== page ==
But, another part of me can’t seem to get over the fact that, with the overabundance of pink and the perfectly bobbed hair, she’s eerily similar to Paris Hilton, which is not the best foot forward when it comes to portraying tattoos within the mainstream. If Barbie is an aspirational ambassador, the way parents like to portray her, I can understand the concern they might have for a day when “socialite” replaces “princess” as the number one thing little girls want to be when they grow up. But the same can be said of many of the Barbie dolls on the shelf. When each doll comes with matching purse and a mini dog that fits inside, when the “Dream Mansion” has its own massive walk in closet for shoes, it’s unfair to single this one doll out as the harbinger for the tacky, classless persona of a famous for being famous reality TV star. If this doll gets a scarlet “H,” they all do.

My ultimate gripe is with the “minivan mom’s” rallying cry that tattoos set a bad example for young girls. The gist of their complaint can be summed up by a comment from the Ms Twixt website for parents of Tween-age girls:

“Encouraging children that tattoos are cool is wrong, wrong, wrong.”

In reality, this doll isn’t meant to be a walking ad for the tattoo industry; It’s not even meant for children. It’s a $50 doll, and like the original plastic lady who inspired her, Bild Lilli, this Barbie is clearly marketed to the adult collector. While I can happily whip up a scenario whereby the fact that Barbie, as a shining example of the American Dream, has endorsed tattoos means that body art and modification is beautiful (as I just did), the truth of the matter is this is just a piece of lowbrow art which happens to take the form of a doll. While the doll is a highly publicized and identifiable one that’s typically marketed to children, the reality is two business saw the opportunity for a branding partnership and a hot pop-art designer modified an existing product for a high-end and limited run directed and solely marketed at collectors. No child is going to run their sticky fingers across a Tokidoki Barbie box on a WalMart shelf and the creators never intended that scenario to occur.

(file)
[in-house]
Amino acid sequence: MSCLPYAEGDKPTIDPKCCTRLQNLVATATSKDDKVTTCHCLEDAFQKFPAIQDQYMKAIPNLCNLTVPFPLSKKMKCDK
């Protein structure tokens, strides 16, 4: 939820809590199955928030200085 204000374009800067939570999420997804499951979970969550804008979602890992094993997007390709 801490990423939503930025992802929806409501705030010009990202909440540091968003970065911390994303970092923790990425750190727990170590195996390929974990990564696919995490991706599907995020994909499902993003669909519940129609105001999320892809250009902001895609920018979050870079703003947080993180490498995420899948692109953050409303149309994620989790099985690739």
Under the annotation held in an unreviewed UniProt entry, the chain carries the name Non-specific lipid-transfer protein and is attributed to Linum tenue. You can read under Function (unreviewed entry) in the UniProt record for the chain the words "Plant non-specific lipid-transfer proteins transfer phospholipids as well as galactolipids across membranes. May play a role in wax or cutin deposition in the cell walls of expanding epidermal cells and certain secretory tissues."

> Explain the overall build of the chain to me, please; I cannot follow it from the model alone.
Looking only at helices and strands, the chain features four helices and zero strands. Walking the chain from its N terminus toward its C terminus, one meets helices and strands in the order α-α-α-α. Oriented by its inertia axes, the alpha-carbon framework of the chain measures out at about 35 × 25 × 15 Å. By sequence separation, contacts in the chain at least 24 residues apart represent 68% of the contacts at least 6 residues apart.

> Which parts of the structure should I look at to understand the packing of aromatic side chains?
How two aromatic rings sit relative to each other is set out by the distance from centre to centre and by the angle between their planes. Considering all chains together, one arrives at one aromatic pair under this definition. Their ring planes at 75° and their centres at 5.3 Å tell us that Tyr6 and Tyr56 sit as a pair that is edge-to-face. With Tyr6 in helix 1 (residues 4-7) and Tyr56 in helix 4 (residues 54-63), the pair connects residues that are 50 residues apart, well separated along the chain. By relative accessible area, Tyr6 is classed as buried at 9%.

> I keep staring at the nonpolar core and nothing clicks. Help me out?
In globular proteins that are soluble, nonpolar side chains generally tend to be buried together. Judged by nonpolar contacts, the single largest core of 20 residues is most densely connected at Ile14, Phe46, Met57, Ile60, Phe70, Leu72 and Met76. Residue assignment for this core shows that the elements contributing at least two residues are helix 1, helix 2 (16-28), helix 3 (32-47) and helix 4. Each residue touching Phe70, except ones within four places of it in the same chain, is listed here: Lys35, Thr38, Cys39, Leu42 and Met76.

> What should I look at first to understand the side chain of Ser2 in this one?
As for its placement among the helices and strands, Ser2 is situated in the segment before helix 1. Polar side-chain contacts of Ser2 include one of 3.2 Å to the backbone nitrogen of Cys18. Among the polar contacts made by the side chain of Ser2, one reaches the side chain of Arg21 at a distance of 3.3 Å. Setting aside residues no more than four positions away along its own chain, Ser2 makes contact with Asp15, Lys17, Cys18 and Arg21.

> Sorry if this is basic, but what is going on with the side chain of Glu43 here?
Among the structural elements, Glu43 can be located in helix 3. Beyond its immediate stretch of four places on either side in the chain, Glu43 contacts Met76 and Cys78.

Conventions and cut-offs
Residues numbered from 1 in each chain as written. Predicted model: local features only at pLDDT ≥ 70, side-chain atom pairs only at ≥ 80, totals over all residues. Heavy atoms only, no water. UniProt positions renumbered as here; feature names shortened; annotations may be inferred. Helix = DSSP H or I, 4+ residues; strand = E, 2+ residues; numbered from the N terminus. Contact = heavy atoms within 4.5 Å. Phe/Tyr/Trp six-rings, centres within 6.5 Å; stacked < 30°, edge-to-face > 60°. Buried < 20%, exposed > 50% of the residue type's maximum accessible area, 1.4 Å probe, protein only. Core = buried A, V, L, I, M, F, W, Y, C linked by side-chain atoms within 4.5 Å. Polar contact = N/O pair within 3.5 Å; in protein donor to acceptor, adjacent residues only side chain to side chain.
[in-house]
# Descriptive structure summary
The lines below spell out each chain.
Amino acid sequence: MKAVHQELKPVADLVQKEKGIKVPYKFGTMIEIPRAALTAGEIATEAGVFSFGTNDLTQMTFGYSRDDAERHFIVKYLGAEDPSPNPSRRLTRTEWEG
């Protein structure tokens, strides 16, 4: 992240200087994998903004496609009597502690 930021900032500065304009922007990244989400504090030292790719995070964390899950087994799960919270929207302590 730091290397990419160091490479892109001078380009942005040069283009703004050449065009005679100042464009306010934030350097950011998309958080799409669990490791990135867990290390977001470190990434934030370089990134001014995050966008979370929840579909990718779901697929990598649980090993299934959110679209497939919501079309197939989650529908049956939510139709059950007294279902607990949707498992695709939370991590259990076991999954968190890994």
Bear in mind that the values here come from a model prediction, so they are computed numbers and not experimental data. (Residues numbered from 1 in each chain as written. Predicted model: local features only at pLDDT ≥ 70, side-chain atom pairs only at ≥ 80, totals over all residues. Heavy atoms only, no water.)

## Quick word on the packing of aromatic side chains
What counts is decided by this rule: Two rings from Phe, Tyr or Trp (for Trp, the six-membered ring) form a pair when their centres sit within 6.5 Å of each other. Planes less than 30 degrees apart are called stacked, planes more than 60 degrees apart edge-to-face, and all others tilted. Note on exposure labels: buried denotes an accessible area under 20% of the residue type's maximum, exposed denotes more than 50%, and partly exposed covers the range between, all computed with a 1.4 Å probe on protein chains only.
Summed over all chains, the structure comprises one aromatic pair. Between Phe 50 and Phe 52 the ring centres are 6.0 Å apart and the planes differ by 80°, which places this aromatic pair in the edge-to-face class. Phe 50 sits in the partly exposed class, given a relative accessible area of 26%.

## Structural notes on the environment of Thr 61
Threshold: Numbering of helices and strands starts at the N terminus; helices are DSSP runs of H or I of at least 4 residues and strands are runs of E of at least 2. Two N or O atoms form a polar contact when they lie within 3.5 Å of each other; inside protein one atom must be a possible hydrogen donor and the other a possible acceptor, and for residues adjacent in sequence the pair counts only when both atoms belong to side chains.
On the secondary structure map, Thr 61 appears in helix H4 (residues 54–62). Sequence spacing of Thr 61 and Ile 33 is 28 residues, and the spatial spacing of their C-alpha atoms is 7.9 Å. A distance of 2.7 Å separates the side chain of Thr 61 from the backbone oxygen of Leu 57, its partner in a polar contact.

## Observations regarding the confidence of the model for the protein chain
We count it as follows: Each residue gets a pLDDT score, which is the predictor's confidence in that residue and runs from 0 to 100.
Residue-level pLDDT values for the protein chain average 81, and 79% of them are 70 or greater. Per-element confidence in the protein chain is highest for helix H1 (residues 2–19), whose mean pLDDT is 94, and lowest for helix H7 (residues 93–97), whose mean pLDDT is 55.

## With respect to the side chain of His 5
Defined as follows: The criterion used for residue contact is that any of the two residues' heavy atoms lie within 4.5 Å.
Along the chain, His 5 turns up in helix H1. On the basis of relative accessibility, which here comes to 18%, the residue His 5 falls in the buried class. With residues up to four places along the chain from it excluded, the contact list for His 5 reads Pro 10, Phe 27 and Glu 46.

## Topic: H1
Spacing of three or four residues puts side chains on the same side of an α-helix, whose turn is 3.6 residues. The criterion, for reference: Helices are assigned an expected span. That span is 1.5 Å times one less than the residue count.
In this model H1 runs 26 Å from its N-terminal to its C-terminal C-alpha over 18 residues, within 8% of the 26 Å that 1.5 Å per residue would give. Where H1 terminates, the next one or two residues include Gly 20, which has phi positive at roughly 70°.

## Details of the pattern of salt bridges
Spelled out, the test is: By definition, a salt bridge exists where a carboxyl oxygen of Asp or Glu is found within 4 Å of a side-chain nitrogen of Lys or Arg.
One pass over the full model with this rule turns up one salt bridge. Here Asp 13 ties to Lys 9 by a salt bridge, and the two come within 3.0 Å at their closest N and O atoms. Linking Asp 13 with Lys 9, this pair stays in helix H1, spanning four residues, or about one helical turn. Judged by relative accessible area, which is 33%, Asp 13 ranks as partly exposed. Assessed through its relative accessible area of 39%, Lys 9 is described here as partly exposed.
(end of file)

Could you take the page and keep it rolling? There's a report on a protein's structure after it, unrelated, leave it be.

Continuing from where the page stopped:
The doll aside, why is “encouraging” children to get tattoos wrong –– other than the fact those kids are going to be really bummed when they ride their trike up to the local shop to get their very own body mod and get turned away when they don’t have proper ID. There are laws set in place to ensure underage children can’t get tattoos. Doodling on skin with a sharpie never hurt anything but the occasional couch or really nice shirt (somthing I did ALL the time as a kid). Showing a child a picture of a doll or a person with a tattoo on them doesn’t immediately mean your toddler’s going to come home from preschool with a set of sleeves. Many of their real-life role models –– who are seen as wholesome and positive influences –– have them. Justin Bieber has a tattoo (don’t judge me for knowing that, I already feel enough shame!), and the only negative thing he’s ever inspired kids to get is really stupid haircuts (and his albums!).

Maybe the real answer is to let kids be kids, people be people, and dolls be dolls.

***